Living in the Northland we talk about it, we joke about it, and we brag to our friends, family, and the occasional tourist about it; there really isn't a month that snow hasn't occurred in our area.  Even during the depths of the summer season - if the temperature turns cold enough during the night, the conditions can align to allow for precipitation to fall from the sky here as snow.

I think we're also used to seeing those late-season, slow-melting snow piles - usually in parking lots, covered with road salt, sand, and winter's grime.  Sometimes you'll see those piles well into the Memorial Day Weekend.

But usually, it's a little bit harder to find a clean, undisturbed snow pile left as the summer season begins its second half.

Enter the St. Louis County Rescue Squad.

As part of their regular training sessions, the St. Louis County Rescue Squad uses one of the tower pits located at the Soudan Mine on the Iron Range.  With pits as deep as 300 feet below the surface, ragged and rocky terrain, water, and other geographical challenges, the area is prime for the crew as they practice rescue exercises with "real world", unpredictable conditions.

I started following their adventures as they began early in the weekend on their Facebook page.  One of their posts offered a fantastic perspective of what the crews were doing - far below the surface:

According to the description on the Facebook post, this pit was last used around the turn of the last century; they detail that while the put itself had "opened in 1883", the mining operations had "shifted exclusively to underground operations" by 1902.  Essentially that means that the exposed earth and rock that you see in the photo has remained untouched (for the most part) since then. (i.e. it's not the easiest and the safest place to explore if you don't have the proper training or equipment)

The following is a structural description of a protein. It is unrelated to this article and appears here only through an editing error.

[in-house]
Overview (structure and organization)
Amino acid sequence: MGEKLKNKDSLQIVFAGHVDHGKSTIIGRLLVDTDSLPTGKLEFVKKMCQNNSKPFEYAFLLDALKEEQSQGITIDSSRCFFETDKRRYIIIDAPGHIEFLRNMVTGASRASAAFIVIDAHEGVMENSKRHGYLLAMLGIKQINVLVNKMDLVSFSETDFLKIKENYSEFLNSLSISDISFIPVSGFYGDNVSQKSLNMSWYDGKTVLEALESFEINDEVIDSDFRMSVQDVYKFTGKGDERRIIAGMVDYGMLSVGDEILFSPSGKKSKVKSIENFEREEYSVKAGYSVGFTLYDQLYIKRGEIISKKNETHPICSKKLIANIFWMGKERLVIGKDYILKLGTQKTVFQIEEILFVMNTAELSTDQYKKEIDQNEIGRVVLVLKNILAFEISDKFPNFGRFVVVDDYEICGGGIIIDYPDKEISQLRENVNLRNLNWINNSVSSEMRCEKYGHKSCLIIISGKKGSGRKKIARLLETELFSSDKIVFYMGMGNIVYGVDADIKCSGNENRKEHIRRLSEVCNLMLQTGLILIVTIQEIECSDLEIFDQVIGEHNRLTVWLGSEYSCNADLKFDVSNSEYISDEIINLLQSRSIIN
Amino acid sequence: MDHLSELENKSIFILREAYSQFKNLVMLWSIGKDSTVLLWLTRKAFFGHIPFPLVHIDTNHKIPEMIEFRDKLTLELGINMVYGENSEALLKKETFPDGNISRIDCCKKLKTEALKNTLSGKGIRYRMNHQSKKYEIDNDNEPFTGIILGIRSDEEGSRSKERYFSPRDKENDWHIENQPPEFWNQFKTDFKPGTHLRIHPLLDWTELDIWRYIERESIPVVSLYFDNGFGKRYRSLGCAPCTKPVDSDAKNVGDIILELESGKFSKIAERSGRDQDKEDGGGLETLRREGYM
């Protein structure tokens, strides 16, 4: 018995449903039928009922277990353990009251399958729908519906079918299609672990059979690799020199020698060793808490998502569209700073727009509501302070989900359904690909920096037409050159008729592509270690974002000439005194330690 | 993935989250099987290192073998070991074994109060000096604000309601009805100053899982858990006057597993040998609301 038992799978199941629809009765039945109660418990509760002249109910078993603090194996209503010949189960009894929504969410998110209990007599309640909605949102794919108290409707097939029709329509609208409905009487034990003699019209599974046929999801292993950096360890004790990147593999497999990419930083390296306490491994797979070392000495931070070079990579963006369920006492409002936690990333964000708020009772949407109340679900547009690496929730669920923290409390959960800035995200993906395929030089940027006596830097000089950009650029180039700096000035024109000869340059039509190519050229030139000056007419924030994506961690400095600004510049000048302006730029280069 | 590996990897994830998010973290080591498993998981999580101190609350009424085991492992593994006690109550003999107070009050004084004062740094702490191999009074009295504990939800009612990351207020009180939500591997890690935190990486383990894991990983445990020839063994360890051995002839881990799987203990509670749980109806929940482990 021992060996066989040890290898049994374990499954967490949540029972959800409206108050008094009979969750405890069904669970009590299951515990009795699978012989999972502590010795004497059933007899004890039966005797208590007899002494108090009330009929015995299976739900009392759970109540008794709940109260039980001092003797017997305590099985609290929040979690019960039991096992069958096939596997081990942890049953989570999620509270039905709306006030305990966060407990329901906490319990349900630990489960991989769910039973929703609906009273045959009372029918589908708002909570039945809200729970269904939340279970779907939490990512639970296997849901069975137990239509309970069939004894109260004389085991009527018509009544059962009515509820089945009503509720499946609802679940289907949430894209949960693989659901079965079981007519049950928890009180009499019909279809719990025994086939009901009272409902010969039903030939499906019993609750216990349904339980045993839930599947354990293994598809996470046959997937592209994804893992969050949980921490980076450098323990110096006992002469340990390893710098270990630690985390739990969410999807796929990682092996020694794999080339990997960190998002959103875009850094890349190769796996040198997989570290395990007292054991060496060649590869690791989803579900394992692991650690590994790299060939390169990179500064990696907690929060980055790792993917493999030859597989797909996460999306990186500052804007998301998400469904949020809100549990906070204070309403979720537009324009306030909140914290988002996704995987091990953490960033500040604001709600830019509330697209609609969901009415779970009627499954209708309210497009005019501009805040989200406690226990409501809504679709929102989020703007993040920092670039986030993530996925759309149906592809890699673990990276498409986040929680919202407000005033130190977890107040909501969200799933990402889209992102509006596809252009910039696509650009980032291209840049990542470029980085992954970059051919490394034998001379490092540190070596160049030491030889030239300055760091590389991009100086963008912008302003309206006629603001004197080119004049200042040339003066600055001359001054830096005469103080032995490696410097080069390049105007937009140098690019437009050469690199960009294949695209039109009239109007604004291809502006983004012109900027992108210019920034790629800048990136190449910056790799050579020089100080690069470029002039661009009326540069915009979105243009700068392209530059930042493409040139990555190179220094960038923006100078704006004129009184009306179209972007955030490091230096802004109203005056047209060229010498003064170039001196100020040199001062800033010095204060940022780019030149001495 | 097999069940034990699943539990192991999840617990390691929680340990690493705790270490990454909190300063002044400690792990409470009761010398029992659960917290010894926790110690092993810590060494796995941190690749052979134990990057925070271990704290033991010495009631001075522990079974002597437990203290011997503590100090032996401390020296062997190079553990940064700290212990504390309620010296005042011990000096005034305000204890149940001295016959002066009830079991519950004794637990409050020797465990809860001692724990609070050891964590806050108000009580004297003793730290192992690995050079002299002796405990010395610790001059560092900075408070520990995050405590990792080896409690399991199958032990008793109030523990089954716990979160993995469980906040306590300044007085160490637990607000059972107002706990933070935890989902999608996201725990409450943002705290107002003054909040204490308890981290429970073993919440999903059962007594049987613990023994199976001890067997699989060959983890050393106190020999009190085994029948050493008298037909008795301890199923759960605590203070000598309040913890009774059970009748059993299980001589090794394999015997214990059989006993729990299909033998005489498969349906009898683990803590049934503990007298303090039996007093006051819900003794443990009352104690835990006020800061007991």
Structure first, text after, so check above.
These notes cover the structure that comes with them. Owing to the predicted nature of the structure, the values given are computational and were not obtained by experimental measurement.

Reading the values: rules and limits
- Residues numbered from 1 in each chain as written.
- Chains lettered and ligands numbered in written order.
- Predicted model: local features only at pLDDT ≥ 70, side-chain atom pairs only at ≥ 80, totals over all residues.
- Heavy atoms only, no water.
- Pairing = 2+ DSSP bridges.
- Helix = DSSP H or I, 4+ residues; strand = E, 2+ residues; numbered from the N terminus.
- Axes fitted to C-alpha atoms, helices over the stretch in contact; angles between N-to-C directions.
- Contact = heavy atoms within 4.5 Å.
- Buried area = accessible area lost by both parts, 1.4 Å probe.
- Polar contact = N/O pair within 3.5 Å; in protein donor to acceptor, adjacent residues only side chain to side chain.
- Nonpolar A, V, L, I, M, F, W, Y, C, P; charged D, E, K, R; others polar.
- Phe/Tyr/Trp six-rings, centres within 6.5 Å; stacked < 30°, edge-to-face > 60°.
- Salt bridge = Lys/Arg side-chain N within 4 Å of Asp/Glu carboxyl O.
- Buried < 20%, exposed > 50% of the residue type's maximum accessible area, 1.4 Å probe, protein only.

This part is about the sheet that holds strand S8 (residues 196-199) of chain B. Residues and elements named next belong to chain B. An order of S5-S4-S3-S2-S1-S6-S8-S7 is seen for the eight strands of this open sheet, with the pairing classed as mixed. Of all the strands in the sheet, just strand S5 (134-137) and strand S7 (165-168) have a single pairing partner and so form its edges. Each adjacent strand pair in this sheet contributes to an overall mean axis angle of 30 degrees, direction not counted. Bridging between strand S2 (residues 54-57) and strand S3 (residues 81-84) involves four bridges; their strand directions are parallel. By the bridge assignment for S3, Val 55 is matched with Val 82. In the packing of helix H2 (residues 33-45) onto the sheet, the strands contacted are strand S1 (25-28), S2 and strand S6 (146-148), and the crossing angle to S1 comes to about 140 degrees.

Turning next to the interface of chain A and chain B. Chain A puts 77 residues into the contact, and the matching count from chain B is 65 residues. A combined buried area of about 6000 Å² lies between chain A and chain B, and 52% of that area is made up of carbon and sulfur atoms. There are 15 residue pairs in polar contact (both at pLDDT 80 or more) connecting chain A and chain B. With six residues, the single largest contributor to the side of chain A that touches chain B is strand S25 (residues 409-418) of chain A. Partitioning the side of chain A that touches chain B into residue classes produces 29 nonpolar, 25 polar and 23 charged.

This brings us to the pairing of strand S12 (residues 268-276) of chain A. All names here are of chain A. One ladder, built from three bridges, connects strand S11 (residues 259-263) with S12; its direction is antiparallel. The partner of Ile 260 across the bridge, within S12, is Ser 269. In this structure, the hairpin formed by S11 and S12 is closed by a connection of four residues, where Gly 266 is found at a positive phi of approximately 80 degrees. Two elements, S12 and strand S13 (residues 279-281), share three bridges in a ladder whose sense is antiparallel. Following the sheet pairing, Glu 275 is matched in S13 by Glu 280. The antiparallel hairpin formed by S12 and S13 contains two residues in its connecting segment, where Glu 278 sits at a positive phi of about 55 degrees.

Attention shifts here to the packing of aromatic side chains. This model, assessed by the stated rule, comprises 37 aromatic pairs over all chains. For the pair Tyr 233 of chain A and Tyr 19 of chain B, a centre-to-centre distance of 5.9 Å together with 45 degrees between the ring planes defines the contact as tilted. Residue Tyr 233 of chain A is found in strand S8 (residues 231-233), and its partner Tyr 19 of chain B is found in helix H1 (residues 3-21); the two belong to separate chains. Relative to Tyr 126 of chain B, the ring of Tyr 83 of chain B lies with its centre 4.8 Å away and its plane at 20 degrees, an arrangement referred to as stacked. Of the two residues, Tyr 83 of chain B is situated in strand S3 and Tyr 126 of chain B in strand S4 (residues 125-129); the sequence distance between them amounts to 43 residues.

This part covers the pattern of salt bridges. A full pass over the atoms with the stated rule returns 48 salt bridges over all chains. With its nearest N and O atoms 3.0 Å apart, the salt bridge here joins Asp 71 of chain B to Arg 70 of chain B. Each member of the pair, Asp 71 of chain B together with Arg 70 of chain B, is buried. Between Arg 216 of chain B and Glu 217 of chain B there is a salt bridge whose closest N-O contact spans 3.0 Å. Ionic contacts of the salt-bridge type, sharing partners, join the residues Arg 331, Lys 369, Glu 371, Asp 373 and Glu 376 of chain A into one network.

Later, as the weekend of training continued, the St. Louis County Rescue Squad shared their discovery - untouched snow remaining from last winter.


According to the St. Louis County Rescue Squad, their discovery of unmelted snow in that pit isn't anything novel.  In fact, their post shared that they've discovered snow piles like this - around 250 to 300 feet down below the earth's surface - as late as September and October.

Along with the unmelted snow pile, the crew also discovered "abandoned steam drills left (from) over a century ago".

Established in 1958, the St. Louis County Rescue Squad is the group that "responds to calls involving wilderness search and rescue; boat and water safety; first aid; and public safety". In order to be ready, members of the squad train in specialized skills that are "above and beyond the basic search and rescue skills".

The organization is completely volunteer. And, the demands and commitments placed on them is worth mentioning.  As a group, the squad services a 7,000 square mile county "roughly the size of New Jersey".  Joining the groups is a commitment as each member is expected to "maintain a fully-stocked trauma kit in their personal vehicle and should be prepared to 'dress and go' in virtually any type of wilderness operation in any weather". It also means giving of their personal time from friends and family; even a job.

To get more information about the St. Louis County Rescue Squad and the vital service they provide our area, visit their website.

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